Kris Bryant, Javy Baez, Anthony Rizzo and Kyle Schwarber are all free agents after the 2021 season, leaving the Cubs two years to work out a deal or trade the player before losing them for nothing but a compensation pick. Willson Contreras is a free agent after 2022. Theo Epstein's front office reached a four-year, $55.5 million deal with Kyle Hendricks in spring training, extending his team control through the 2023 season.

The Cubs won't comment specifically on the current extension talks, but they'd ideally hope to wrap anything before spring training this year, so the players can focus solely on baseball by then.

"We always take the position of not commenting on extensions, but are we having those discussions? Yes," Jed Hoyer said Tuesday. "People focus so much on trades and free agent signings at these meetings, but all the agents are under the same roofs, also, and allows us to have those kinds of discussions. I'm not gonna specify who or what, but yeah certainly those conversations are ongoing."

Bryant has long been thought of as the toughest of the group to lock up long-term given that his agent, Scott Boras, typically advises clients to hit the open market and maximize their value. Boras reiterated Tuesday afternoon at the Winter Meetings he and Bryant are still open to extension talks with the Cubs.

Baez and Rizzo loom as the two most likely to extend their Wrigley Field stays, with the two emerging as the faces of the franchise in their own ways.

As the Cubs try to navigate an offseason where they're "serving two masters" (trying to compete in 2020-21 while also enhancing the long-term future of the franchise), a potential extension would check both boxes in a major way. If Hoyer and Theo Epstein knew Baez would be locking down shortstop and the middle of the lineup for the next six seasons, they could breathe a bit easier thinking about the big picture and long-term health of the franchise. 

At the same time, they can't operate as if anything is a certainty. Bryant could decide he likes the Cubs' offer and make Chicago his baseball home forever. Baez could conclude the opposite.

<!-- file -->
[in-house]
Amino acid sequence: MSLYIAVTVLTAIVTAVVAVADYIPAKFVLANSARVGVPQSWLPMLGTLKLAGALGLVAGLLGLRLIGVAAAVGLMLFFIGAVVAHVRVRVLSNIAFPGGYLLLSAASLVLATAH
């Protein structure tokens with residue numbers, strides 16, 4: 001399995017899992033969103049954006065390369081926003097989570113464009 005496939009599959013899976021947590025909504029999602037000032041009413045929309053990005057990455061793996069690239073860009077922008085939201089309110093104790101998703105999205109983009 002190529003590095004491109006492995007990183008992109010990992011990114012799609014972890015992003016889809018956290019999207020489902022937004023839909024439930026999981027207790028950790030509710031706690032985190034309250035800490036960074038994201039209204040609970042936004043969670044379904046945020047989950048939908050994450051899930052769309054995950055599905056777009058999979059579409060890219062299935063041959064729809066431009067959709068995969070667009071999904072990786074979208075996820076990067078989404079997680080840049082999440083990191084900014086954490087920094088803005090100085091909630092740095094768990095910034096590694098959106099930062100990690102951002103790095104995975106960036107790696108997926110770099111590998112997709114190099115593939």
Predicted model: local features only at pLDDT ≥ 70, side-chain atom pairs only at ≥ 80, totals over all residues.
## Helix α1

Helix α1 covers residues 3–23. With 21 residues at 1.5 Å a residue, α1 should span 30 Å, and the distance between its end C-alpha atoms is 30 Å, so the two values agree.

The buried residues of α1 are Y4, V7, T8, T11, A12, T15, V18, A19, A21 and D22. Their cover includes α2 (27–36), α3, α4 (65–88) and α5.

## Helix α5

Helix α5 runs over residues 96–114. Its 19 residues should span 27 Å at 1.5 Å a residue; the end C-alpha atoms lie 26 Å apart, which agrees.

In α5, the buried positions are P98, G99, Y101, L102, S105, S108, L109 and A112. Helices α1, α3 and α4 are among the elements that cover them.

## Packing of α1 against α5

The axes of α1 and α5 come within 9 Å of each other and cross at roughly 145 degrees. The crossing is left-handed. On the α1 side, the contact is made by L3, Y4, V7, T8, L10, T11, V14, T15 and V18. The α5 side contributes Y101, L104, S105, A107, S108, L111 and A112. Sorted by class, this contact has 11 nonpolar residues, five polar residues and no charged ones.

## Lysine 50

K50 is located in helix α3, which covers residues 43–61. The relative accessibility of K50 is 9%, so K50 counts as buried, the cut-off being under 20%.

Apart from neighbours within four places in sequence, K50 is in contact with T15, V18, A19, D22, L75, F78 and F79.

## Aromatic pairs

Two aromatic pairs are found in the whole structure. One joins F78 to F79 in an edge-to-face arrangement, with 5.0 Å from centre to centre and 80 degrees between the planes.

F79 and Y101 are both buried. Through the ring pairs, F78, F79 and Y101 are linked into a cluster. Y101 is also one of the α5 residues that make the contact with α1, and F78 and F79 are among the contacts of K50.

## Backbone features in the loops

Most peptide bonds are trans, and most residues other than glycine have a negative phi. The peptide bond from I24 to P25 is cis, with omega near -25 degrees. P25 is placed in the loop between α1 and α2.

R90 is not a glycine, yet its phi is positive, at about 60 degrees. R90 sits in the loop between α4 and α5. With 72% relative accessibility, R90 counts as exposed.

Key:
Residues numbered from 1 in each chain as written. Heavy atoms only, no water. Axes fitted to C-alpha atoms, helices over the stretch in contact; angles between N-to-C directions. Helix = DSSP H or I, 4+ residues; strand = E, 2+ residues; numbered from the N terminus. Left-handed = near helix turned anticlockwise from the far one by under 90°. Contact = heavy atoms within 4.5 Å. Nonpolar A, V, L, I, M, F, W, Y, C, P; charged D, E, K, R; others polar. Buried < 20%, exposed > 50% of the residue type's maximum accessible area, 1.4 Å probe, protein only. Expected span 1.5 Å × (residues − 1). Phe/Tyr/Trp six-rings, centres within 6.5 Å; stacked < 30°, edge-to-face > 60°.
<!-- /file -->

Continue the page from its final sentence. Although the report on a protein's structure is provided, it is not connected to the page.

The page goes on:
It's what makes this particular offseason so tricky for the Cubs.

"We have to be able to have parallel tracks in our mind," Hoyer said. "We have to be able to do multiple things at once. It doesn't make it more difficult. We have a lot of really good players. We've had them for a long time. When we talk to these players about contracts, there's no player that we talk to that we haven't had a conversation with at some point before about a contract. 

"We've talked about these players for five years in some way, shape or form. When we sit down with these players, we're not covering a ton of new ground. We've already been over a lot of it. I think we're able to have parallel tracks."

Two MLB moves that changed the landscape of Kris Bryant's trade market

Two MLB moves that changed the landscape of Kris Bryant's trade market

Two reported transactions Tuesday may not have drawn much attention from Cubs fans, but both directly impact the North Siders.

First, The Athletic’s Fabian Ardaya reported the Angels are trading third baseman Zack Cozart to the Giants for cash and a player to be named later. Soon thereafter, free agent shortstop Didi Gregorius agreed to a one-year deal with the Phillies, as Joel Sherman of the New York Post reported.

From a Cubs perspective, the Angels' and Phillies' moves impact a potential Kris Bryant trade market. According to Ardaya, the Giants are picking up the remaining $12.67 million on Cozart’s deal. This clears payroll space for Los Angeles to make a run at a superstar free agent, like third basemen Anthony Rendon and Josh Donaldson.

The Phillies inquired with the Cubs regarding a potential Bryant trade, according to multiple reports. However, Bryant’s unresolved grievance case is a holdup in any trade talks, should the Cubs entertain offers. If he wins, he'll become a free agent next winter. If he loses, he'll remain under team control through 2021.

Gregorius will slot into shortstop for Philadelphia, while incumbent Jean Segura will move to second base, according to NBC Sports Philadelphia’s Jim Salisbury. The Phillies are less likely to pursue Bryant — should the Cubs shop him — than they were entering Tuesday. Things can change, but they have less of an infield need as they did on Monday.

On the other hand, the Angels and new manager Joe Maddon suddenly could be a candidate to pursue Bryant. Acquiring him would bring less certainty than Rendon or Donaldson, as Bryant is only under contract for two seasons more, max. Furthermore, acquiring Bryant will cost the Angels prospect capital, while adding Rendon and Donaldson will 'only' entail paying them handsomely as free agents.

In short, Philadelphia is less likely to pursue Bryant than they were entering Tuesday; the possibility of the Angels doing so is stronger than it was entering the day. The Angels haven't been directly connected to Bryant at this point, but that now could change.